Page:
Page:Popular Science Monthly Volume 41.djvu/169

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what are the symptoms, what the actions, above all, what the conscious feelings of the victim himself, or, as poetical fancy insists he shall be named, the hero? How wide or how narrow to his vision is the interval between the hard reality and the sentimental ideal? Flesh and bone of themselves can not be expected to rise to the height of the strained occasion. Torn and broken, glory never heals the one or sets the other; and so men's bodies will not forever remain insensible to the claims of Nature, even though in the excitement of war the mind may be superior to every consideration less than heroic. Yes, there must be a time when the will of the soldier is at odds with the forces that normally rule the sinews and tendons of his frame—a time, dear poet, when the hero proves to be only a man a creature inspired after the flesh as well as after the spirit.

And now, looking at the soldier as a warring machine, does a missile fired into the delicate apparatus bring the whole engine quickly to a dead halt? The world hears so much about the Light Brigade at Balaklava that it should be familiar with the tragic story of the most noted victim of that affair, Captain Nolan. Nolan, as aide-de-camp of the division general, assumed to guide the Light Brigade in its awful charge, and, with frantic exclamation and vehement gestures with his uplifted sword, he rode to the right oblique beyond the head of the reckless column, in order to draw the six hundred out of the valley of death, which lay directly in their course, off toward a line of flanking redoubts which they had been ordered to attack, and where victory and not disaster doubtless awaited them. When he was a few paces to the right of the leading ranks a piece of shell struck him on the chest, tearing into the heart.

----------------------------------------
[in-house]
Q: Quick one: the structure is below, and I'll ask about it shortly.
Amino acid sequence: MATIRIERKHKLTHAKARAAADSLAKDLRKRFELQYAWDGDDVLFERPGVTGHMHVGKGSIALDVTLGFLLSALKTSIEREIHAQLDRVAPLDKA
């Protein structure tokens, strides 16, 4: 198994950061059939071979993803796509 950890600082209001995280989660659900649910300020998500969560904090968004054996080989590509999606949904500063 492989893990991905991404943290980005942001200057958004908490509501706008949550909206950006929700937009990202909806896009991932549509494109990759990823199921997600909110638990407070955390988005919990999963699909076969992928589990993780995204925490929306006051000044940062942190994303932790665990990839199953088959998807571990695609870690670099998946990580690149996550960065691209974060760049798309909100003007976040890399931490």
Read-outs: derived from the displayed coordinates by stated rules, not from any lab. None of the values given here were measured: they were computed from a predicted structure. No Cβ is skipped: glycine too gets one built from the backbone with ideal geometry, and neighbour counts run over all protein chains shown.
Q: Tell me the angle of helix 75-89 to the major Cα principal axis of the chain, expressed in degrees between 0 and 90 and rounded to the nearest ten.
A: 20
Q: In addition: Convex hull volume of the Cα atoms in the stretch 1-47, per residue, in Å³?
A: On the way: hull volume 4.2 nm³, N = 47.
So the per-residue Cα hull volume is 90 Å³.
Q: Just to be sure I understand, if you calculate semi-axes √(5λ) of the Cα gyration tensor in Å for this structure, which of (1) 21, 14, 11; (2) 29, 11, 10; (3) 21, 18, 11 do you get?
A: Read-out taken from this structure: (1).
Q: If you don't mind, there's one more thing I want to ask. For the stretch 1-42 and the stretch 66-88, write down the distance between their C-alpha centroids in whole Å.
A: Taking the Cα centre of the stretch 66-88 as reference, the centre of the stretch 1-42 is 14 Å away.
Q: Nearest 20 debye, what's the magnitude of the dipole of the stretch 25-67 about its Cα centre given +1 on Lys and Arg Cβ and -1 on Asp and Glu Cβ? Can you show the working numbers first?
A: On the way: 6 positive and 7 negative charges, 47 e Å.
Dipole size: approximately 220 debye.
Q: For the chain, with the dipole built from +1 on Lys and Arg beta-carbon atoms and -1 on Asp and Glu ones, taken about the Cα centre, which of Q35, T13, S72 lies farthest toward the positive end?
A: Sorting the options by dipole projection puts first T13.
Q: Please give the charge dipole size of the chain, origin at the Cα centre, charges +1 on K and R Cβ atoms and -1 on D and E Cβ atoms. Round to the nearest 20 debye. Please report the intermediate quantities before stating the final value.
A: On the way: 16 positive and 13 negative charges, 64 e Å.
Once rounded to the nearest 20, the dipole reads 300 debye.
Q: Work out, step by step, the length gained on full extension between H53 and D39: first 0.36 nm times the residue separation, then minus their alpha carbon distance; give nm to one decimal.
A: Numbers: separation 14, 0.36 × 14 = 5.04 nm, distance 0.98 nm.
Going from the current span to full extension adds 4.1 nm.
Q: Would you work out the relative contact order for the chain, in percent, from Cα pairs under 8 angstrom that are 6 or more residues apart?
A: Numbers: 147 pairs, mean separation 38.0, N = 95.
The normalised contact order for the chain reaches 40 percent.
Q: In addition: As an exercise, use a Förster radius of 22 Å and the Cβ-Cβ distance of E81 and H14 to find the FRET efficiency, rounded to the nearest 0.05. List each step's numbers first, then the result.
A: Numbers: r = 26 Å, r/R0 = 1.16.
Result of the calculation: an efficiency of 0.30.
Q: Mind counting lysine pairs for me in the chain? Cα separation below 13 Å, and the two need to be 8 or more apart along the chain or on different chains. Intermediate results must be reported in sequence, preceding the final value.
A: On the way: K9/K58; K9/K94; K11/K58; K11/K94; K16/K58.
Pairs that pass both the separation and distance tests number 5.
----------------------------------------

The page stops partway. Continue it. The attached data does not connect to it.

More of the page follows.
"The sword dropped from his hand," says the minute chronicle of Kinglake, "but the arm with which he was waving it the moment before still remained high uplifted in the air, and the grip of the practiced horseman, remaining as yet unrelaxed, still held him firm in his saddle. Missing the perfect hand of his master, and finding the accustomed governance now succeeded by the dangling reins, the horse all at once wheeled about and began to gallop back upon the front of the advancing brigade. Then, from what had been Nolan—and his form was still erect in the saddle, his sword-arm still high in the air—there burst forth a cry so strange and appalling that the hearer who rode nearest him called it unearthly. And in truth, I imagine," continues the historian, "the sound resulted from no human will, but rather from those spasmodic forces which may act upon the bodily frame when life as a power has ceased. The firm-seated rider, with arm uplifted and stiff, could hardly be ranked with the living. The shriek men heard rending the air was scarce